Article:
Glutamate decreased intracellular pH (pHi) in cultured rat hippocampal neurons. The protonophore, FCCP (1μM), produced an acidification comparable to that produced by glutamate. Application of glutamate to FCCP-treated cells, returned pHi to resting levels. This alkaline shift resulted from a glutamate-induced membrane depolarization that removed the driving force across the plasmalemma for H+ entry via FCCP. The endogenous protonophore, arachidonic acid (10 μM), produced pHi changes similar to those elicited by FCCP. Because application of glutamate and FCCP in combination did not change pHi, this treatment was used to determine the role of glutamate-induced acidification in neurotoxicity. FCCP (1 μM, 5 min) did not affect neuronal viability, either alone or in combination with various concentrations of glutamate, as indicated by the release of lactate dehydrogenase into the bathing medium. Thus, acidification was not the cause of glutamate-induced cell death although, it may be symptomatic of neurotoxic processes.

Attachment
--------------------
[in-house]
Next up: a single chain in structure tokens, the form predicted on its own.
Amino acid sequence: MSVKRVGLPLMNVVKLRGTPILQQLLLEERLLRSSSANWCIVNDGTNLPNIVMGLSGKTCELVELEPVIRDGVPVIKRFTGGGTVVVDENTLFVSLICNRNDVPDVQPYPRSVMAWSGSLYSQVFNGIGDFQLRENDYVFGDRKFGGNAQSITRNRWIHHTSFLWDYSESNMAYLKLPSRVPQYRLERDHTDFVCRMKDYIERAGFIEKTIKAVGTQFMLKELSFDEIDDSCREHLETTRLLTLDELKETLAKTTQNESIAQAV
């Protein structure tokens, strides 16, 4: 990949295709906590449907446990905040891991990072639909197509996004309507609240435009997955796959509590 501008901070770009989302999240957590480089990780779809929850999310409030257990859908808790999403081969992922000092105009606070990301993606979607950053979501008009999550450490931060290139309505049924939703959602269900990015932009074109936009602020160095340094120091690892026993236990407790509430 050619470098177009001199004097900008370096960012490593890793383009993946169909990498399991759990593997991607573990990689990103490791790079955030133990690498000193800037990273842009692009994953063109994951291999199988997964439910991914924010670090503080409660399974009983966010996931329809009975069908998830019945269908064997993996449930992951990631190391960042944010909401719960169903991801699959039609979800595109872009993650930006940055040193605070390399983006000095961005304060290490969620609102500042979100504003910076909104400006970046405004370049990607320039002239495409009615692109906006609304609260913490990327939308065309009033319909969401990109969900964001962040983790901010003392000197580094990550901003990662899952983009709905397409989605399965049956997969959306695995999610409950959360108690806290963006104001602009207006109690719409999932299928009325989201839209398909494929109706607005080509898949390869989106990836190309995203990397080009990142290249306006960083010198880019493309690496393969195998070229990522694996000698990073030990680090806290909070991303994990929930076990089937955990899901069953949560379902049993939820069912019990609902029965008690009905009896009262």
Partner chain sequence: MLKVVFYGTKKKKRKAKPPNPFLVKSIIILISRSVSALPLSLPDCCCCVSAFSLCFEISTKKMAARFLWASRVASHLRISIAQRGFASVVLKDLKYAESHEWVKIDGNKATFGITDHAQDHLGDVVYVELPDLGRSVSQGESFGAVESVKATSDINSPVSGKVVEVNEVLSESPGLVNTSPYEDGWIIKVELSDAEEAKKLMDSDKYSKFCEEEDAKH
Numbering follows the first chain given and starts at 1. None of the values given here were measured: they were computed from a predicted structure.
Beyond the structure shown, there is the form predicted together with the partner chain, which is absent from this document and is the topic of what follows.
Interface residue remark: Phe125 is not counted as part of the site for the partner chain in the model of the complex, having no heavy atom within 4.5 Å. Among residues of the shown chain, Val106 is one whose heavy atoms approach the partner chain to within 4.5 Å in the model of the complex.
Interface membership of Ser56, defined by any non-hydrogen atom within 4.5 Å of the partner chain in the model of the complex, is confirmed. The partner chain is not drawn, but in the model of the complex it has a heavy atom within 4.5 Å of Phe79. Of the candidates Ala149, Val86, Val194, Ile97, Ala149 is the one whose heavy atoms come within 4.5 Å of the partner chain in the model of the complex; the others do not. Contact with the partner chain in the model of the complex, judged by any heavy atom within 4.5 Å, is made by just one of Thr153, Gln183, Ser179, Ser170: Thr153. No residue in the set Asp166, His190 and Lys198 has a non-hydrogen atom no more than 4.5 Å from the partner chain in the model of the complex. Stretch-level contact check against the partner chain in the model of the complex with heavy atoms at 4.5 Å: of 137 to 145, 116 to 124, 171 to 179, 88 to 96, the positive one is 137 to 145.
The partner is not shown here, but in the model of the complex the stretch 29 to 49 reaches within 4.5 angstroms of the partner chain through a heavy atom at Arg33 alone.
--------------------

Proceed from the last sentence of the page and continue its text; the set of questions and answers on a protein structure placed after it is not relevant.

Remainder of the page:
Bibliographical noteFunding Information:
This work was supported by grants from the NIH (DA07304), the NSF (IBN9412654) and the Minnesota Medical Foundation.
- Arachidionic acid
- Hippocampal neurons
- Intracellular pH